In the thicket of bars, banks, restaurants, florist shops, convenience stores, and other businesses standing cheek by jowl along Bowling Green s Main Street is a unique eatery that serves up comfort food, the likes of which surely will make diners swoon with delight.
How unusual is the place? Think casseroles and soups and ancient Byzantine monasteries. Think beef goulash stroganoff, pork loin steeped in burgundy wine, chicken and noodles in smoked cheese sauce, and crusty bread.
Dobre Doshlil (Welcome) to Naslada Bistro, which serves not only the hearty, belly-busting foods of Bulgaria but also fare from its European neighbors near and far moussaka from Greece and Macedonia, panini sandwiches and bruschetta princessa from Italy, Russian potato salad, Czech rolls, Turkish coffee. Not to mention American and Cuban burgers and an array of omelets and other breakfast items.
Bulgaria, in eastern Europe, is specifically represented by the likes of shish kabobs; old-fashioned pork kavarma and gyuvitch, both heart-warming casseroles; and seasoned Bulgarian feta cheese grilled and served in tin foil with olive oil.
Naslada variously translated to mean enjoy, pleasure, delicious, satisfying is an apt description of the eatery, run by owner-chef Boyko Mitov. He immigrated to the United States from Bulgaria in 1999 and set up shop in Bowling Green s Woodland Mall in 2003. About two years ago the business moved to a more prominent location along Main Street.
The interior of the restaurant is fairly plain, with neutral walls and a jumble of tables and booths near the entrance and along a narrow corridor leading to the kitchen in the rear. Bulgarian folk costumes are on display, and Bulgarian folk music plays overhead. Flyers at the cashier s counter advertise belly-dance performances on certain evenings.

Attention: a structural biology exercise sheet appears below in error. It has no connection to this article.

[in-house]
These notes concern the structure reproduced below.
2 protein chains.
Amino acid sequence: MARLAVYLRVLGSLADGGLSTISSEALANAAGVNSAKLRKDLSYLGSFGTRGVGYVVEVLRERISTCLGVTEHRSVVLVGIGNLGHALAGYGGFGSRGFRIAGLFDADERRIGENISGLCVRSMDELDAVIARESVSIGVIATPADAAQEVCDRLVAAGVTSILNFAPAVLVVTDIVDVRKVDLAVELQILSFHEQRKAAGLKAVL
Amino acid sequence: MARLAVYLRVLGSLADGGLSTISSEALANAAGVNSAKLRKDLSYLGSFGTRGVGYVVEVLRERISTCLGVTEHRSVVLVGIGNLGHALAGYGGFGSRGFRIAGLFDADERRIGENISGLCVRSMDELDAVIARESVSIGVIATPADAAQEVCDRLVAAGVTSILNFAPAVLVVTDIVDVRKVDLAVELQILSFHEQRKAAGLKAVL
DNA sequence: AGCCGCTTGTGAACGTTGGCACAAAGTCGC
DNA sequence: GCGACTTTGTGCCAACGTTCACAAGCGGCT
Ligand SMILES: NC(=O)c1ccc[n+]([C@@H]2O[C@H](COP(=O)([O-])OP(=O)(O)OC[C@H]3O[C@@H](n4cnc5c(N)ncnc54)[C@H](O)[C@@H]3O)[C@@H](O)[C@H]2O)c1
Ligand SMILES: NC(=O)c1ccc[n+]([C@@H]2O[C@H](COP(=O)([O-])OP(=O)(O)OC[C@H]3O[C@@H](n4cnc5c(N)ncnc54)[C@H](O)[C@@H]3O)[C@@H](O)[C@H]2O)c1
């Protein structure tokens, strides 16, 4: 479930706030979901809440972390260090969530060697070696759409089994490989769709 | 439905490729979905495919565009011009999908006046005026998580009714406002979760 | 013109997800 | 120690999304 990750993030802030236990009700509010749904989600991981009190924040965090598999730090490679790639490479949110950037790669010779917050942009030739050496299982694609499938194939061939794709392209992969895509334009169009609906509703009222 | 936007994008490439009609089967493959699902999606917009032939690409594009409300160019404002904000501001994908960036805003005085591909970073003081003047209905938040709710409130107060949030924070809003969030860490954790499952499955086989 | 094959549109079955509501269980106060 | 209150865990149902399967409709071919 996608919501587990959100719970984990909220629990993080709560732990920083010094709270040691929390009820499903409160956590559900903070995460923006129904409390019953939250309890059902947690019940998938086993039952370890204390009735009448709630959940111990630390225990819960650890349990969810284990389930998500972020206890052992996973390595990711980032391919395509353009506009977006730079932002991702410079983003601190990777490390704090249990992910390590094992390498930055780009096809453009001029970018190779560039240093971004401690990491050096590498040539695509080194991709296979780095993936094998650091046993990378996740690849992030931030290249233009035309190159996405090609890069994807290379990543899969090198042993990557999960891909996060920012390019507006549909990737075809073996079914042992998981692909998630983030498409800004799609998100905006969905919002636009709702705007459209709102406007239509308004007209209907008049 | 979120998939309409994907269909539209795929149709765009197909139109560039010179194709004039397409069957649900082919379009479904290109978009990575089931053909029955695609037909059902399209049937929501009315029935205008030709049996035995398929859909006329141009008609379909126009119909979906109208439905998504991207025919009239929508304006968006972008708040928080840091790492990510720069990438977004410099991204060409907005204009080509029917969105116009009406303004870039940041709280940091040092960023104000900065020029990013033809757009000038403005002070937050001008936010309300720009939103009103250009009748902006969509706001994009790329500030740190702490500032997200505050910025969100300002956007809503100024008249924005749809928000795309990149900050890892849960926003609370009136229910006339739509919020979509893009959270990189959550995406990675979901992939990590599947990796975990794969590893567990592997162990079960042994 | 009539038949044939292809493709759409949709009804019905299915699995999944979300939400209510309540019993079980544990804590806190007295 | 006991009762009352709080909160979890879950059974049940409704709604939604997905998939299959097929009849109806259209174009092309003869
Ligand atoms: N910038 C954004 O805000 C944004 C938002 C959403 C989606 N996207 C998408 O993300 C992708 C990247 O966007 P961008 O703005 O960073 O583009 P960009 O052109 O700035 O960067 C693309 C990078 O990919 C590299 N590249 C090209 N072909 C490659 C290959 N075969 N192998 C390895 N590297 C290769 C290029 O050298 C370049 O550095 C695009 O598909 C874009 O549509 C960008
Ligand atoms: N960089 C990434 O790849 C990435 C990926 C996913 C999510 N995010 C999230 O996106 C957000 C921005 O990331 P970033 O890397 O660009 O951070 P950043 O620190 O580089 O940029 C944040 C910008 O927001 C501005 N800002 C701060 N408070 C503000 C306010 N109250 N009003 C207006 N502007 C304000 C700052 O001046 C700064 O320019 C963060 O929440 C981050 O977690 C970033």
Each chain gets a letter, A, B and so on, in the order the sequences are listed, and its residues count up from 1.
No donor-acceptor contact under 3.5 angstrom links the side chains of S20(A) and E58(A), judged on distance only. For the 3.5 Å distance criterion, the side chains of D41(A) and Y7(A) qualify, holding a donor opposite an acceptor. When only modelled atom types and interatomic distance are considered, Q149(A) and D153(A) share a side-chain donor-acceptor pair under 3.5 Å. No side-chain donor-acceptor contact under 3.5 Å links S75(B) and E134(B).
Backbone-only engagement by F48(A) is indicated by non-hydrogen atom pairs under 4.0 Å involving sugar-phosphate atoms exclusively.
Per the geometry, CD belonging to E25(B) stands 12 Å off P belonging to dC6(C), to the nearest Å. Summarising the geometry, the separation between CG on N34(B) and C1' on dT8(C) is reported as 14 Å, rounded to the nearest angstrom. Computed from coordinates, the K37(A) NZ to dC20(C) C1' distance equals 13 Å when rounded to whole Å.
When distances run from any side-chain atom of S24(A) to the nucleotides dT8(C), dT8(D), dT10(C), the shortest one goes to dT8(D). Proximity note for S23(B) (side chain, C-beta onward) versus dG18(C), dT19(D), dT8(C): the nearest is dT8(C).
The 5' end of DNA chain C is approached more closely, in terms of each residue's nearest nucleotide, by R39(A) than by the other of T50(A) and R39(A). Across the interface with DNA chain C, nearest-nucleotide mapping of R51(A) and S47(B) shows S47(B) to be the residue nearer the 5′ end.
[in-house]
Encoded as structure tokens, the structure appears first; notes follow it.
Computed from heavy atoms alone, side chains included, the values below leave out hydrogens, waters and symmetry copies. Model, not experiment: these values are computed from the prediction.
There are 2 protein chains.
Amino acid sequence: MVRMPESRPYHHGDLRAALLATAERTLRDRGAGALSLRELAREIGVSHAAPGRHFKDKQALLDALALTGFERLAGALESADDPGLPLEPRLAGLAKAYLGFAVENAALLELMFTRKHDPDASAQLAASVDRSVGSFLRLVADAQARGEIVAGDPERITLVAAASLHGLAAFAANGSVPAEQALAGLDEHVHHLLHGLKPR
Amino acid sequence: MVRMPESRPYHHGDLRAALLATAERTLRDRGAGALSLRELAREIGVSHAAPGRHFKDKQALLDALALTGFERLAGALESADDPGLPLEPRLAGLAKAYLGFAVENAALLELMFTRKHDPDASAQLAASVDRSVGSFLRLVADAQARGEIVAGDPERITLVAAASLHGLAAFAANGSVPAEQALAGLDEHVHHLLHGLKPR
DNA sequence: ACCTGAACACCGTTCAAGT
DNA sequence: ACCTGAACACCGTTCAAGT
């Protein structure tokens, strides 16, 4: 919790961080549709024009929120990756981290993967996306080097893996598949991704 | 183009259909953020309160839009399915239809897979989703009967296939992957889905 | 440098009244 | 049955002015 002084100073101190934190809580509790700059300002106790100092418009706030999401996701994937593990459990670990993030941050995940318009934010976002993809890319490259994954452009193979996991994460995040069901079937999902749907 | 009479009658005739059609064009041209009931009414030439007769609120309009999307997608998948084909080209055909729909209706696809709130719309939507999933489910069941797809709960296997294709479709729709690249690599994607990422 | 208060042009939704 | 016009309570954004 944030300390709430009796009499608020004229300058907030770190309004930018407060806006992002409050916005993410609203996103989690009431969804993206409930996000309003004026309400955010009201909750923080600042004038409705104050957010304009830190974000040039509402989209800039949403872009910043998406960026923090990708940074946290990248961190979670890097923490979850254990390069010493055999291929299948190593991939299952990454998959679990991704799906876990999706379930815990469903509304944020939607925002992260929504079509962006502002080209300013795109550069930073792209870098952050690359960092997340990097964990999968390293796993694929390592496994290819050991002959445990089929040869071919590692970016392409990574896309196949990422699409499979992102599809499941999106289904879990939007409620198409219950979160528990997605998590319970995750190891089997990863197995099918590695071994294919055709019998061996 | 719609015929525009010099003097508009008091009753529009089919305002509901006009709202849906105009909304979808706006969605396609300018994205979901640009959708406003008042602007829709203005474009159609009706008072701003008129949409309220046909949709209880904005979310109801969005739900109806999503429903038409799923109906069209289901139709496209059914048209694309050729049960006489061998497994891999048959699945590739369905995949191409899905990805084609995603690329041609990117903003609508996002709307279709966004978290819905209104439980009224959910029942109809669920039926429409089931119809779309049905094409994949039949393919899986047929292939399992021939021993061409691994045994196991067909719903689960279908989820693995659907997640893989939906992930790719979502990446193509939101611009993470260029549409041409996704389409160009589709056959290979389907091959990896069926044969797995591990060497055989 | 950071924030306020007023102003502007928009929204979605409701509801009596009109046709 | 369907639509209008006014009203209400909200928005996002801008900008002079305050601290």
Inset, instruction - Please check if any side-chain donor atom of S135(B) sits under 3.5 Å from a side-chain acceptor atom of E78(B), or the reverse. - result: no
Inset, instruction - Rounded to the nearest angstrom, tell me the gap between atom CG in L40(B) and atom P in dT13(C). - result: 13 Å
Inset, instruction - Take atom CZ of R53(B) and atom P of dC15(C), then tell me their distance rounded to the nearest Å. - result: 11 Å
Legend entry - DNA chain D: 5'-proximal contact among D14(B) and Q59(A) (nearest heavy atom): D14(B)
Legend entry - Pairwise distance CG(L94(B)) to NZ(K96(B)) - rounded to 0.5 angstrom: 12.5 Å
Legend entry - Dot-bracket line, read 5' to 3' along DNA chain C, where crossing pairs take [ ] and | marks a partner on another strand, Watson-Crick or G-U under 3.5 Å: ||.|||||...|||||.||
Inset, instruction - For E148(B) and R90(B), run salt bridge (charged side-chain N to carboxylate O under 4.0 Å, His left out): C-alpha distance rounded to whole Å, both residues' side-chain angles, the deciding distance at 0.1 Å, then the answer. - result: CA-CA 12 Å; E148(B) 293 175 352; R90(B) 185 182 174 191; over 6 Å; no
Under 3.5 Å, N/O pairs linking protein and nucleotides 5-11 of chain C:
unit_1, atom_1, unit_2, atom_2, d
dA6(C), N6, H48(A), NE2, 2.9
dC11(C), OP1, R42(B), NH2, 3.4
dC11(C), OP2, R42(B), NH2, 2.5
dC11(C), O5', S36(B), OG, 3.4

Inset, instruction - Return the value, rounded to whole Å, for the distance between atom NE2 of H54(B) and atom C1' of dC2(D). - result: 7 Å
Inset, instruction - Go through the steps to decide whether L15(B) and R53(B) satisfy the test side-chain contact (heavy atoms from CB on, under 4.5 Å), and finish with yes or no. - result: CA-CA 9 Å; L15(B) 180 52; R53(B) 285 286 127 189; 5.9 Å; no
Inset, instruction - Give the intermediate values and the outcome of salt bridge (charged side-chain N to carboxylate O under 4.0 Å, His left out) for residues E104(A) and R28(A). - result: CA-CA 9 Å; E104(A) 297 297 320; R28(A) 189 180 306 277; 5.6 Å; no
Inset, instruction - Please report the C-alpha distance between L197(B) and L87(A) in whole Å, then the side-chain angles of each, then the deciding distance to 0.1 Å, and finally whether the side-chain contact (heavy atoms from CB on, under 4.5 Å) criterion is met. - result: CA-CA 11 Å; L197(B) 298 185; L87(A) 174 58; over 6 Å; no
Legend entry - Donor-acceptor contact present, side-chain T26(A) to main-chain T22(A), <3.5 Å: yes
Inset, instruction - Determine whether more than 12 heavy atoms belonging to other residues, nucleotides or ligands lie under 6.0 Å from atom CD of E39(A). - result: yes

Also in the rear is a store that sells crusty European breads, jars of roasted red peppers, eggplant, and sauces, and dozens of fruit drinks and Turkish coffees.
Among the many appetizers are spinach pie, grape leaves, stuffed zucchini, and stuffed portabella mushrooms. Especially good were the bruschetta ($5.50) with cheese, black olives, roasted red peppers, and diced tomatoes on Italian bread, and the Czech roll ($3.95), a cold dish of Russian potato salad, called olivie, wrapped in a slice of ham.
Bulgaria is noted for its many Byzantine monasteries, which would account for the monastery bean soup ($2.75/$3.95), a national vegetarian dish, and the monastery salad ($4.95), a combination of hearts of romaine, mozzarella, radishes, black olives, and banana peppers. Other soups include lamb, chicken noodle, lentil, potato leek, tomato, and chili.
The entrees, however, are what caught my fancy. The aforementioned old-fashioned kavarma ($7.95) combined pork loin chunks marinated in wine with vegetables and a tomato sauce that delivers a bit of a kick. The goulash stroganoff ($7.95) was simply addictive, with lots of cubed steak, leeks, mushrooms, and curly noodles piled high on the plate. Ditto for the pasta rasta ($10.25) featuring grilled chicken strips over whole wheat penne and luscious spinach-portabella alfredo sauce, and gyuvitch ($7.95), rife with beef, green onions, mushrooms, black olives, and tomato sauce over rice.
Still to be tried, and worth heading back for, are the moussaka, stuffed peppers, spinach pie, baked tomato and cheese, and such desserts as apple strudel and caramel custard creme.
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